The Arts Club Theatre Company

The Memory of Water

By Shelagh Stephenson

Director: Bill Millerd Set design: Pam Johnson Lighting design: Marsha Sibthorpe Costume design: Nancy Tait Stage Manager: John James Hong

Venue: The Stanley Theatre Dates: 6 March - 6 April 2003

Reviewer: Jane Penistan

Shelagh Stephenson's view of family life in Northern England in 1998 is hilariously witty and irreverent. It is also a revealing an in-depth study of family relationships. Each of the characters in the play is well defined and developed, and their interactions abrasive and inflammatory.

The death of their mother brings together for the funeral three adult sisters returning to their shabby childhood house, and evokes their juvenile, adolescent memories. Their diverse, real and imagined grievances are brought to light as the three sisters, now in differing circumstances, sort out their mother's belongings. Each article raises a particular reminiscence. Modeling maternal clothing gives rise to huge amusement, but the contents of a box of letters and papers raises poignant memories and revelations.


Bill Millerd has directed this production with an unerring hand, to which his cast bears witness. The clear definition of personality and development of character are fully realized. The interplay of the siblings and the men in their lives sparkles with telling dialogue tossed back and forth with rapidity. But there are also quiet moments where the pace slows to allow breath to be caught and more rational thinking to prevail.

Vi, the mother, is presented in memory and flashback by Linda Sorensen as the life-loving parent who, under her frivolity, tries to do her best for her children. As Mary, Megan Leitch is the intellectual member of the family of whom the other sisters are jealous, and who has her own dark secrets always preying on her mind. Teresa is the middle daughter who marries for security, but who stays at home and looks after her aging mother until her death. Played by the incomparable Gabrielle Rose, she feels martyred by her family. Leslie Jones is Catherine, the youngest of the family. She is obsessed by health care products, organic food, and fear of illness. She is also still an adolescent indulging in outrageous fashion and fits of hysterics.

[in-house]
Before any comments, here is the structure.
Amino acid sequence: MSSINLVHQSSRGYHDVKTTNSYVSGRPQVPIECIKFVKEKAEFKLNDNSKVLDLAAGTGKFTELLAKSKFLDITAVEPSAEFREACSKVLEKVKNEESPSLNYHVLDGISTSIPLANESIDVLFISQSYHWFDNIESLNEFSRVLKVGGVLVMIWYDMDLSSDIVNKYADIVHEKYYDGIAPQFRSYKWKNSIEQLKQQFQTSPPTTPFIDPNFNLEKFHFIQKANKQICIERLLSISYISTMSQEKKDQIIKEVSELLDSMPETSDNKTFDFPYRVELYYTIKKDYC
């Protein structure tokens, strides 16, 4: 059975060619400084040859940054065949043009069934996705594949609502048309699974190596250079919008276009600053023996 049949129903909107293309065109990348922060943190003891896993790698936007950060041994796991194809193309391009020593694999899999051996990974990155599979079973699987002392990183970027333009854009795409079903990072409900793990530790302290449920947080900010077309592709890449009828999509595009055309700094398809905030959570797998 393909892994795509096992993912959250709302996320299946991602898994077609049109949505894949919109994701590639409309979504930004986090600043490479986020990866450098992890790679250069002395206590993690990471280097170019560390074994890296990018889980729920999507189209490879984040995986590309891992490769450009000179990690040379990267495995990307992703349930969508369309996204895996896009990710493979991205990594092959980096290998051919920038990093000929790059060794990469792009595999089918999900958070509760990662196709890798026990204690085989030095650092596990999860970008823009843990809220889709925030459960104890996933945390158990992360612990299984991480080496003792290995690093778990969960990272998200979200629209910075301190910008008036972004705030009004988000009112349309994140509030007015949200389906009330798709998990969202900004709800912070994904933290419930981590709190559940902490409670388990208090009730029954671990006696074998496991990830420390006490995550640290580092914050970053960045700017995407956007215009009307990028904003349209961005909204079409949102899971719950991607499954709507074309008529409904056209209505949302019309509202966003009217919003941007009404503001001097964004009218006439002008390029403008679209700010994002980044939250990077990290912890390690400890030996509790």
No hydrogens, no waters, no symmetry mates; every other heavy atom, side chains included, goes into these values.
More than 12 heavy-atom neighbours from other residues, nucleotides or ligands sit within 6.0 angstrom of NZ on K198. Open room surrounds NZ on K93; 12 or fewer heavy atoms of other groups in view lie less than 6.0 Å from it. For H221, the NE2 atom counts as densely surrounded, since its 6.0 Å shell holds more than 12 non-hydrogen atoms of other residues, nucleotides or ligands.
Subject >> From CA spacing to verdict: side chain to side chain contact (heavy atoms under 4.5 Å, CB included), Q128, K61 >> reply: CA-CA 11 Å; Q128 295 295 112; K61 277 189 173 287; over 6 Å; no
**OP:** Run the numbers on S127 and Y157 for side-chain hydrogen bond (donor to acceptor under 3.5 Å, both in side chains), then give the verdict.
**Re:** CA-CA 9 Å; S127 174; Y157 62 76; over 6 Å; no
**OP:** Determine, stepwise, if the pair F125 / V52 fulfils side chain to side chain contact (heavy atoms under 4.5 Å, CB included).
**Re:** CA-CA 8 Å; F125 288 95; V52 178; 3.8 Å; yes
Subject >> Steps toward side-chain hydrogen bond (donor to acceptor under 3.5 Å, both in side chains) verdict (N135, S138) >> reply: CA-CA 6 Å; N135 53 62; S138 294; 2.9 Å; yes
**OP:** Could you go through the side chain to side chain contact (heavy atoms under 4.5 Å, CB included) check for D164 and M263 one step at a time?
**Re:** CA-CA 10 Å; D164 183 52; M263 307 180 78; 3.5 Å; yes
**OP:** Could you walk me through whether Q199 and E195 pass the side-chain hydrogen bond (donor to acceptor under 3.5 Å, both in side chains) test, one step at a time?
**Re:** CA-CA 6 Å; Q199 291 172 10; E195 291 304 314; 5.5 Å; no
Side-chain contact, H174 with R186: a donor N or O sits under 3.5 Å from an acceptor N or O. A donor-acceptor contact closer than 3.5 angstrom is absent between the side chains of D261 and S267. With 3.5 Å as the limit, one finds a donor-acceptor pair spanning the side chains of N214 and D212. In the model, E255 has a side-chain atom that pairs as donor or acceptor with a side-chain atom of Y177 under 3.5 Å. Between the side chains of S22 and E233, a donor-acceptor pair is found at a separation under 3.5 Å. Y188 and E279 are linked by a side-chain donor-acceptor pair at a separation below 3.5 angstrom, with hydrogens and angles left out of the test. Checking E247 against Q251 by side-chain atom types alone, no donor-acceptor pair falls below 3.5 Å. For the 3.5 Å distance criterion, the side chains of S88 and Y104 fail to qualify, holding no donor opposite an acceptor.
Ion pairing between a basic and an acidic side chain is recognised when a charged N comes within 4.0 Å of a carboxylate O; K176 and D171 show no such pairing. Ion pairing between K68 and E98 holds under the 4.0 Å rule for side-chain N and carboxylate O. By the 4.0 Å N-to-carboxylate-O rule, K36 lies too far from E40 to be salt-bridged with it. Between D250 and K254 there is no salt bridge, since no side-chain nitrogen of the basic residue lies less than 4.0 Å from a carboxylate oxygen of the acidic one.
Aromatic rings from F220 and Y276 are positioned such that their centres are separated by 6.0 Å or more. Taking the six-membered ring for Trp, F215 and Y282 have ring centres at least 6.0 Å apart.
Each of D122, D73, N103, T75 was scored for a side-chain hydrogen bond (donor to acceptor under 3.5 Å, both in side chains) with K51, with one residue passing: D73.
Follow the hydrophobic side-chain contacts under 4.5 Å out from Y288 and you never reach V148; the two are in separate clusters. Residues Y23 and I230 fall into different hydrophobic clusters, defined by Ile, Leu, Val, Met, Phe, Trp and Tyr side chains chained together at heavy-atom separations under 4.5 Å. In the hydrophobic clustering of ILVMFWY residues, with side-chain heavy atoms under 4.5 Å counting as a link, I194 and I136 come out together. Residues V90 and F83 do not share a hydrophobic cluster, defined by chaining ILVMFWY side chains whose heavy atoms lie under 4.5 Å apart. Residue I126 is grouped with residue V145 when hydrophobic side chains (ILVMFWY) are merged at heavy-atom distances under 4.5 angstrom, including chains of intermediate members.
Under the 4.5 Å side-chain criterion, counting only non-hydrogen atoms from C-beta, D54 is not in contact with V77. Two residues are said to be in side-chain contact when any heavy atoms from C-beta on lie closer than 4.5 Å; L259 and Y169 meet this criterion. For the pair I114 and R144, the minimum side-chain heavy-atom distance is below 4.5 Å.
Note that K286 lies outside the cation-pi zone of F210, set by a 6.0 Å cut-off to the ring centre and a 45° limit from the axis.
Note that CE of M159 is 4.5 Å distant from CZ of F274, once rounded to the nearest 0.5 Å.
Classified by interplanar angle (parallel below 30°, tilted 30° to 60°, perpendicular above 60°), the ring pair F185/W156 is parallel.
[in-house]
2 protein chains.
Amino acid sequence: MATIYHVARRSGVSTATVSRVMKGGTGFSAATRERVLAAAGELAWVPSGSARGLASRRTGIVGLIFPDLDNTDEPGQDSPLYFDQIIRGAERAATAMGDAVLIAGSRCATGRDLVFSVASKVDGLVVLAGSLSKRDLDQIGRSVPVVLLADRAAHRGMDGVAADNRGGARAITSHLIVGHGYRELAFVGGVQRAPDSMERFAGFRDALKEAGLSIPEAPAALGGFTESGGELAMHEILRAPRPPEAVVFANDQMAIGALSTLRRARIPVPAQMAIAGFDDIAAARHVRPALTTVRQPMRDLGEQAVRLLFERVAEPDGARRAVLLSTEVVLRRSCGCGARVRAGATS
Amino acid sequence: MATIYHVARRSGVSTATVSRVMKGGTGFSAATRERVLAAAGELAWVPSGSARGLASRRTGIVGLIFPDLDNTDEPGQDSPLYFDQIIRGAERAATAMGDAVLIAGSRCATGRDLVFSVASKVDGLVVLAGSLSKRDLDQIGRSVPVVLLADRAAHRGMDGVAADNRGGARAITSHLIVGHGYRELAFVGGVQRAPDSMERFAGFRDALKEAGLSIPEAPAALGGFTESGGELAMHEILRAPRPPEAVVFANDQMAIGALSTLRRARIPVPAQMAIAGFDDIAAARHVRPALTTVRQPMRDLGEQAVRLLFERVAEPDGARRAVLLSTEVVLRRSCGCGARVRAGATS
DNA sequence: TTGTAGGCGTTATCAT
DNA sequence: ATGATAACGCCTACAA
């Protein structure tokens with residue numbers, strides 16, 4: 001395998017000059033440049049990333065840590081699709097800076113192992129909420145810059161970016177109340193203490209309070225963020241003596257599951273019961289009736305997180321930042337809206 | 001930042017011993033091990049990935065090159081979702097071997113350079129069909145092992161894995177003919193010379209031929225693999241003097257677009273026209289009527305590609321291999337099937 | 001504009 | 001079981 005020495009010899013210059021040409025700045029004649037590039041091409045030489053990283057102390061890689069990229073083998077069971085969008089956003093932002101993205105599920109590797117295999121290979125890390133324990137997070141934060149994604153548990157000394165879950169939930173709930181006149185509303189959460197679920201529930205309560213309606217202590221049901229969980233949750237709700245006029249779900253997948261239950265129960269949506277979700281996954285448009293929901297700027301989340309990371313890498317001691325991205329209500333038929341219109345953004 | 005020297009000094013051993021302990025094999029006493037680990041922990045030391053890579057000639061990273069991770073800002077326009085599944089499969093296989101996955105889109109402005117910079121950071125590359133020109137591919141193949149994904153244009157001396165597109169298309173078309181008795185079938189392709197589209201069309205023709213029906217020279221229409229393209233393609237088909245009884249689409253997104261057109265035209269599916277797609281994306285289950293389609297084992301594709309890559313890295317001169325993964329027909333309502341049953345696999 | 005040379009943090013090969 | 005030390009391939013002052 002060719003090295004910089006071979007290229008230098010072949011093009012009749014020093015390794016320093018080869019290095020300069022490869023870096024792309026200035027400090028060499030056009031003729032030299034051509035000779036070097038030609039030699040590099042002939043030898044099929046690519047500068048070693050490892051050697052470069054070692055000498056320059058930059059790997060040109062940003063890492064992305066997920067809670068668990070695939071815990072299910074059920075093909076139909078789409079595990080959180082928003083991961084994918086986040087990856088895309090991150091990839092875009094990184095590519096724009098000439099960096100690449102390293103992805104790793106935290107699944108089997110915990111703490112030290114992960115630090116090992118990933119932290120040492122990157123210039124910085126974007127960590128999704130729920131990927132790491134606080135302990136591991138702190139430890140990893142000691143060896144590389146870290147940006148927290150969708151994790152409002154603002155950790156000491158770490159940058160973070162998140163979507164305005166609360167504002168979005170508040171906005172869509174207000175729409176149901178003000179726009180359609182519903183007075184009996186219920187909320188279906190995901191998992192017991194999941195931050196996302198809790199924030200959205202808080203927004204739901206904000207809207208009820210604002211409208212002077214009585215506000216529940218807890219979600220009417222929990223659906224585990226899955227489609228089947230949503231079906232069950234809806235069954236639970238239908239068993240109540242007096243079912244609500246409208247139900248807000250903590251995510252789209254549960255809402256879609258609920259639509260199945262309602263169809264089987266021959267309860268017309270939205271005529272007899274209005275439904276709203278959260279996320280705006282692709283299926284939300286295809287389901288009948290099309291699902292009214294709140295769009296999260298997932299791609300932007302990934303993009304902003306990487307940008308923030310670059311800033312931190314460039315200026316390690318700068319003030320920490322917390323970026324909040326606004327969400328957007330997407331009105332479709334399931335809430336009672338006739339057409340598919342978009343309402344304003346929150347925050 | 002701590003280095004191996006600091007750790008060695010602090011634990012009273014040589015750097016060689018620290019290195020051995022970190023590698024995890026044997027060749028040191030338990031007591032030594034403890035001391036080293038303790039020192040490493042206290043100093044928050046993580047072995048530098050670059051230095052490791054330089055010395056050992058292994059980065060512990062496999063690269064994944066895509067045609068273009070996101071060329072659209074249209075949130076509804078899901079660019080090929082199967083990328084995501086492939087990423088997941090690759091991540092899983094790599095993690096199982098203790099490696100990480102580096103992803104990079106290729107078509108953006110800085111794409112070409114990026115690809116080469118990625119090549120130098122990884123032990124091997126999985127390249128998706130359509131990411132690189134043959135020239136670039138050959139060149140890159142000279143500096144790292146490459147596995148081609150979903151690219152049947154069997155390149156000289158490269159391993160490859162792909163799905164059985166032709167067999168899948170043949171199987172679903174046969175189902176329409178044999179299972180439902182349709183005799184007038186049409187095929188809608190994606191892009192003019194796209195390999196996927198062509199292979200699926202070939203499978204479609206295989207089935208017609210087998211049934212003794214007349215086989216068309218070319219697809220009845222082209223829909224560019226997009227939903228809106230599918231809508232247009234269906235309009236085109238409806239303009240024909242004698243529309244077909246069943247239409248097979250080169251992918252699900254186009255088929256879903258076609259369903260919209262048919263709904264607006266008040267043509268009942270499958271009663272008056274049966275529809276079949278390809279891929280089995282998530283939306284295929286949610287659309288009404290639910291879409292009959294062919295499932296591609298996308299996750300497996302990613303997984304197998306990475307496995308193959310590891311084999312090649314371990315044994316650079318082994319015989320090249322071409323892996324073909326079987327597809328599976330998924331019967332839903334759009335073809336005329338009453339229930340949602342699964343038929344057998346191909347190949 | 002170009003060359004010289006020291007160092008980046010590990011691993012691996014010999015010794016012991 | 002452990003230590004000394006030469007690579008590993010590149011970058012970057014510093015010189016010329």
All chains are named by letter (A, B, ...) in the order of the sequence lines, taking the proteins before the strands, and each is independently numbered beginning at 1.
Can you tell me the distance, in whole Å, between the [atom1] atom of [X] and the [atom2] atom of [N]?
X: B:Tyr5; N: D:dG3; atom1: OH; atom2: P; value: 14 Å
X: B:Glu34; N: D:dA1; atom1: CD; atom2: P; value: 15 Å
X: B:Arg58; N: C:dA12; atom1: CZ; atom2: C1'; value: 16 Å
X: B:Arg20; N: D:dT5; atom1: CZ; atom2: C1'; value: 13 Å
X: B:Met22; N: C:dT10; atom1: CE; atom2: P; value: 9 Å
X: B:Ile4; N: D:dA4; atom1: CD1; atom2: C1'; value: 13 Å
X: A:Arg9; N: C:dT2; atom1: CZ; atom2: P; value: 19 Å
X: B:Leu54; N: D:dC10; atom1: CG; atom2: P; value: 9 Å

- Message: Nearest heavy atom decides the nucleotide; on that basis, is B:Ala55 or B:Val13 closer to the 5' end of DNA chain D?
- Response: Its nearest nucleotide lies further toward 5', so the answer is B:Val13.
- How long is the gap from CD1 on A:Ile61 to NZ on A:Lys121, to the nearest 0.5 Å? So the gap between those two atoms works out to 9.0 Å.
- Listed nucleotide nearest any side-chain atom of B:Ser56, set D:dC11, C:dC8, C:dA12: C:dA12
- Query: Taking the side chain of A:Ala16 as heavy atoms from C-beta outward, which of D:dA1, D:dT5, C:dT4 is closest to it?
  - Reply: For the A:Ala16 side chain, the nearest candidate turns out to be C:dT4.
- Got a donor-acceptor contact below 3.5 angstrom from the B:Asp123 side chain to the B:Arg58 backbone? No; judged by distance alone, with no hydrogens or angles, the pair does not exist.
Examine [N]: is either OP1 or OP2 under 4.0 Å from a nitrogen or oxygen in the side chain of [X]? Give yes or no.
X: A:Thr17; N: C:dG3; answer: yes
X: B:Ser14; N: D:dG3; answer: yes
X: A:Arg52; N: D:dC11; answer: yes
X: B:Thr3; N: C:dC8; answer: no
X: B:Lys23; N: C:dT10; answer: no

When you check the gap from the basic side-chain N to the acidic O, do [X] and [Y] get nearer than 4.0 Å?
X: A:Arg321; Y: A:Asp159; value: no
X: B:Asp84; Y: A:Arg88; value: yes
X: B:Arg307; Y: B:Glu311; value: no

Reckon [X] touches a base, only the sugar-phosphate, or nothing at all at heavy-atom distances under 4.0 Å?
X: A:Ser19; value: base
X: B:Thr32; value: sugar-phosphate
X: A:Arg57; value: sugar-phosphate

The two men-- Mike, Michael Ryan, and Frank, Kevin Williamson,-- are philosophical about their roles as lover and husband, but both want more from their relationships with this dysfunctional family. All the cast play together well and their performances have an integrity which brings credibility to the presentation of this highly entertaining play.

Pam Johnson's wallpapered bedroom furnished with 1930's suburban furniture could not have been better suited to the text. Great attention has been paid to the details of clothes and properties, both in the earlier dresses and accessories of the mother, and in the modern up to the minute teenage extravagances of Catherine.

So far this is the best production of this current season of The Arts Club Theatre Company. Congratulations to Bill Millerd and his cast and crew for their splendid production of this excellent play.

2003, Jane Penistan


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